Labour Cost Analysis in Automotive

Labour cost reporting and analysis in global automotive refers to the process of tracking and analysing the costs associated with employee compensation, including wages, salaries, benefits, and other related expenses. Today, more than ever, with the global market changing rapidly, this process is crucial for automakers to stand out from competition. 

In this blog, we explore how labour cost reporting has evolved over the years, the impact of new tech on this process, and what we can expect in the future. 

3 Technologies Impacting Labour Cost Management 

In recent years, technology has been playing an increasingly important role in this process. Automation and Artificial Intelligence (AI), for instance, has been aiding in the rapid reduction of indirect costs. Data analytics is being used to identify patterns and trends in labour costs. And, automation and robotics is being used to reduce the need for human labour. 

Let’s look at these in more detail. 

Until a few years ago, automakers relied on traditional cost optimisation approaches to manage labour costs. While the approach worked in mid-2000s, with G&A (general & administrative) expenses growing more slowly than revenues, the approach didn’t hold for long. Since then, the trend reversed. G&A expenses rose faster – at 15.4% – compared to only a 6% revenue growth. This demanded automakers to look at labour cost management from a different perspective. 

In 2019, McKinsey observed this trend and proposed a solution for a better, faster approach to reducing G&A costs – that is, through tech-enabled reduction of indirect costs. Indirect costs are those that are separate from the direct process of manufacturing goods or offering services. These costs are shared across the company and are largely fixed, like finance, procurement, HR, marketing, and IT.  

So, when reduction of indirect costs is aided with tech like automation, artificial intelligence (AI), and other technologies, companies will be able to find new opportunities in areas like capacity reallocation, spending effectiveness, and accounts receivable. The result? Based on McKinsey’s experiences with 24 industrial companies, they found that this tech-enabled approach can cut indirect costs by as much as 15 to 20% in 12 to 18 months.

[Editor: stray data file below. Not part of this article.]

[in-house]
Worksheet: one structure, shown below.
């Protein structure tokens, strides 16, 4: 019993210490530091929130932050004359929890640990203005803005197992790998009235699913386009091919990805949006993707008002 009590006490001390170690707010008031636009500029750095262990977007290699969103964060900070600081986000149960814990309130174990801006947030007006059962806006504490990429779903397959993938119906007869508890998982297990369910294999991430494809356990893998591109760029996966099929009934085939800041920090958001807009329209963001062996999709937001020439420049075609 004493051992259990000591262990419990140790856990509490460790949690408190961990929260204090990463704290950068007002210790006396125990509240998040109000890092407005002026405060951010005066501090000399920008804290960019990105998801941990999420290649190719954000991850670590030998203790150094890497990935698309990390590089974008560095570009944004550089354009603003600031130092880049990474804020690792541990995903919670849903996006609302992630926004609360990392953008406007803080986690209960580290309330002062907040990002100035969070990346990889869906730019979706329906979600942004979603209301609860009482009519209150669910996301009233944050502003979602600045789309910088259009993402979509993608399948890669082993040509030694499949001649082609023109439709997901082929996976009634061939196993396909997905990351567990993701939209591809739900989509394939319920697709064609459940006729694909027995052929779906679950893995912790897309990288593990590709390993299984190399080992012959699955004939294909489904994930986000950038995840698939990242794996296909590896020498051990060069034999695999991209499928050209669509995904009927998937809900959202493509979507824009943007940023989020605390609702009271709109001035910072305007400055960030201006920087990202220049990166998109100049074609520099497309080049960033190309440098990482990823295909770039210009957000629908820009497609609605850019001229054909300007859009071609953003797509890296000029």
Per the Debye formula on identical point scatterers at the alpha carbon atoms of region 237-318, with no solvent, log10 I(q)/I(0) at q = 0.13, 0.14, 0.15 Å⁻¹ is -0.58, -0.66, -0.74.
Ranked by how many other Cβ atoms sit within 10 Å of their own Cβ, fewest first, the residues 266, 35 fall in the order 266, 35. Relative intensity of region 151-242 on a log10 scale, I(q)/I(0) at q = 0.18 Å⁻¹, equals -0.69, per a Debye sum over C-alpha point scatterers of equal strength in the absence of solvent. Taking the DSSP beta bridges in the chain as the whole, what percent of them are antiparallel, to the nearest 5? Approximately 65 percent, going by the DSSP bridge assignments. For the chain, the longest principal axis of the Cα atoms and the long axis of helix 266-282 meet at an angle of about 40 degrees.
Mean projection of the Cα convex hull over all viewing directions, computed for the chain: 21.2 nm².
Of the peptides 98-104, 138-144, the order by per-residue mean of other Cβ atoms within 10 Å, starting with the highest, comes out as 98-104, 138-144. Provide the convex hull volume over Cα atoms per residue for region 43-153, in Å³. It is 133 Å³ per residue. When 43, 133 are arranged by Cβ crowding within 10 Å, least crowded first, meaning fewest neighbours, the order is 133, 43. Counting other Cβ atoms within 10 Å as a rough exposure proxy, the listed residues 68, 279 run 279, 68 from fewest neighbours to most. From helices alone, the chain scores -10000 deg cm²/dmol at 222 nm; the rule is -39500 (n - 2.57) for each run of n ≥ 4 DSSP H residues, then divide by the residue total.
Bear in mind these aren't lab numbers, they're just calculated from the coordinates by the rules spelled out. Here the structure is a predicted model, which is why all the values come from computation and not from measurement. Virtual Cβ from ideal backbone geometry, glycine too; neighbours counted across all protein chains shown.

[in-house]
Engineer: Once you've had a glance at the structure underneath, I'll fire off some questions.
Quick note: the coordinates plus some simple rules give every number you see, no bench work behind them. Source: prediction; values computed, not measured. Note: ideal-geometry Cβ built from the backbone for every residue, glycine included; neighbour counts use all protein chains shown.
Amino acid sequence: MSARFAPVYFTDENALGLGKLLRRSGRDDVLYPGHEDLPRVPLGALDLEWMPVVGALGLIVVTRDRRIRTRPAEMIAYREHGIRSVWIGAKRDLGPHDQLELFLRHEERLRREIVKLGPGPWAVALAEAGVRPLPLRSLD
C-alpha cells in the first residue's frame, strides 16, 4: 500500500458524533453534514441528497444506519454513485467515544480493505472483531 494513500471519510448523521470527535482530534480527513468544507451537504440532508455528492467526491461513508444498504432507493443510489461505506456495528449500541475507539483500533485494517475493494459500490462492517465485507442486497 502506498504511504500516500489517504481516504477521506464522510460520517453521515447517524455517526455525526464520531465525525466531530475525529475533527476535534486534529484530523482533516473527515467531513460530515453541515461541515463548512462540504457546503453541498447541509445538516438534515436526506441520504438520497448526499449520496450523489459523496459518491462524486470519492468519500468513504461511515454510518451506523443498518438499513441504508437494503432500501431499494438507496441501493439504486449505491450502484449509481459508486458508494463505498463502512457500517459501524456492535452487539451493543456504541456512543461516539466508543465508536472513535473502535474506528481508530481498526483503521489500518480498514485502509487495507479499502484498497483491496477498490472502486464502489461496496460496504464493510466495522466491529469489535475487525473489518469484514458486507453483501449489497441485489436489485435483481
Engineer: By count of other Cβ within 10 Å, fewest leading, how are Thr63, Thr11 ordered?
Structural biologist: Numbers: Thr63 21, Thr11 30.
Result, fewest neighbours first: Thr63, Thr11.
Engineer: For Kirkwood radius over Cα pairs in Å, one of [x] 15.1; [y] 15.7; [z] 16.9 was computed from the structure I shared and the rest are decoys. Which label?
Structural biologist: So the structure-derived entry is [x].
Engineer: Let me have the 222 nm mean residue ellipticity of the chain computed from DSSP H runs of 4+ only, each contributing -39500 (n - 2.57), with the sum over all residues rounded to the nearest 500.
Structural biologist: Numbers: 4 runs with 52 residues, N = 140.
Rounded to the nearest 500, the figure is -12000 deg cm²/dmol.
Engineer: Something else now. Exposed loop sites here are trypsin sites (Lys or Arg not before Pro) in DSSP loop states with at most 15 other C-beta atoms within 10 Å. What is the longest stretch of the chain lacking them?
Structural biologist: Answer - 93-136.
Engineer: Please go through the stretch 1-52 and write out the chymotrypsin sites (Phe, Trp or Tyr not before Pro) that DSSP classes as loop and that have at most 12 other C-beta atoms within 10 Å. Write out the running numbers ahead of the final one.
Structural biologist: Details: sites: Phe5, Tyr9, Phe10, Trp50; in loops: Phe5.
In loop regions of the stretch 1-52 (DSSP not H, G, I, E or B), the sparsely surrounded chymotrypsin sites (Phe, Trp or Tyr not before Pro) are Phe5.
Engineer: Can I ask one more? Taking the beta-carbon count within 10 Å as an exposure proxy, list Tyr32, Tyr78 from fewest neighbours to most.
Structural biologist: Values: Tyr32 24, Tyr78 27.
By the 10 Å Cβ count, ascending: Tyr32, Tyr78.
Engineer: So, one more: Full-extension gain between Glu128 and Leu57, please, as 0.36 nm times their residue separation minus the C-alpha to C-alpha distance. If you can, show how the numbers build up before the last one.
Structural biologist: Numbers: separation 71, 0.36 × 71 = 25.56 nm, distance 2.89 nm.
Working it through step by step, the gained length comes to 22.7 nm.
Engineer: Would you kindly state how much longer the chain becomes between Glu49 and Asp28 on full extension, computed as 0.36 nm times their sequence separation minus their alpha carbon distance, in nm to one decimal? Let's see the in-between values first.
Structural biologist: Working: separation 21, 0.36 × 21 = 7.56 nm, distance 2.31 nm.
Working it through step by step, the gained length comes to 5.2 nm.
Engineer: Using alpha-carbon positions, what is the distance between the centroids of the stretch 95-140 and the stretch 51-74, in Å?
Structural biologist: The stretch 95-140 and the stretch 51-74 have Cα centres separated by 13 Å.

A second approach to managing labour costs is through data analytics.  

A third approach to achieving cost effectiveness and efficiency is by automating assembly lines and using robots for tasks like welding. This can help reduce the need for human labour, which can lower costs while also increasing efficiency and quality. According to a report by Seraph, the use of robots in the automotive industry is expected to increase by 10% annually over the next five years. 

4 Approaches to Labour Cost Reporting & Analysis

Aside from technological aids, there are several methods that global automobile companies can use to do labour cost reporting and analysis. Here are some of them: 

  1. Activity-Based Costing (ABC): This method involves identifying the activities that drive labour costs and assigning costs to each activity. By doing so, companies can identify areas where they can reduce costs and improve efficiency. For example, a company might find that it is spending too much on overtime pay and decide to hire more workers to reduce the need for overtime.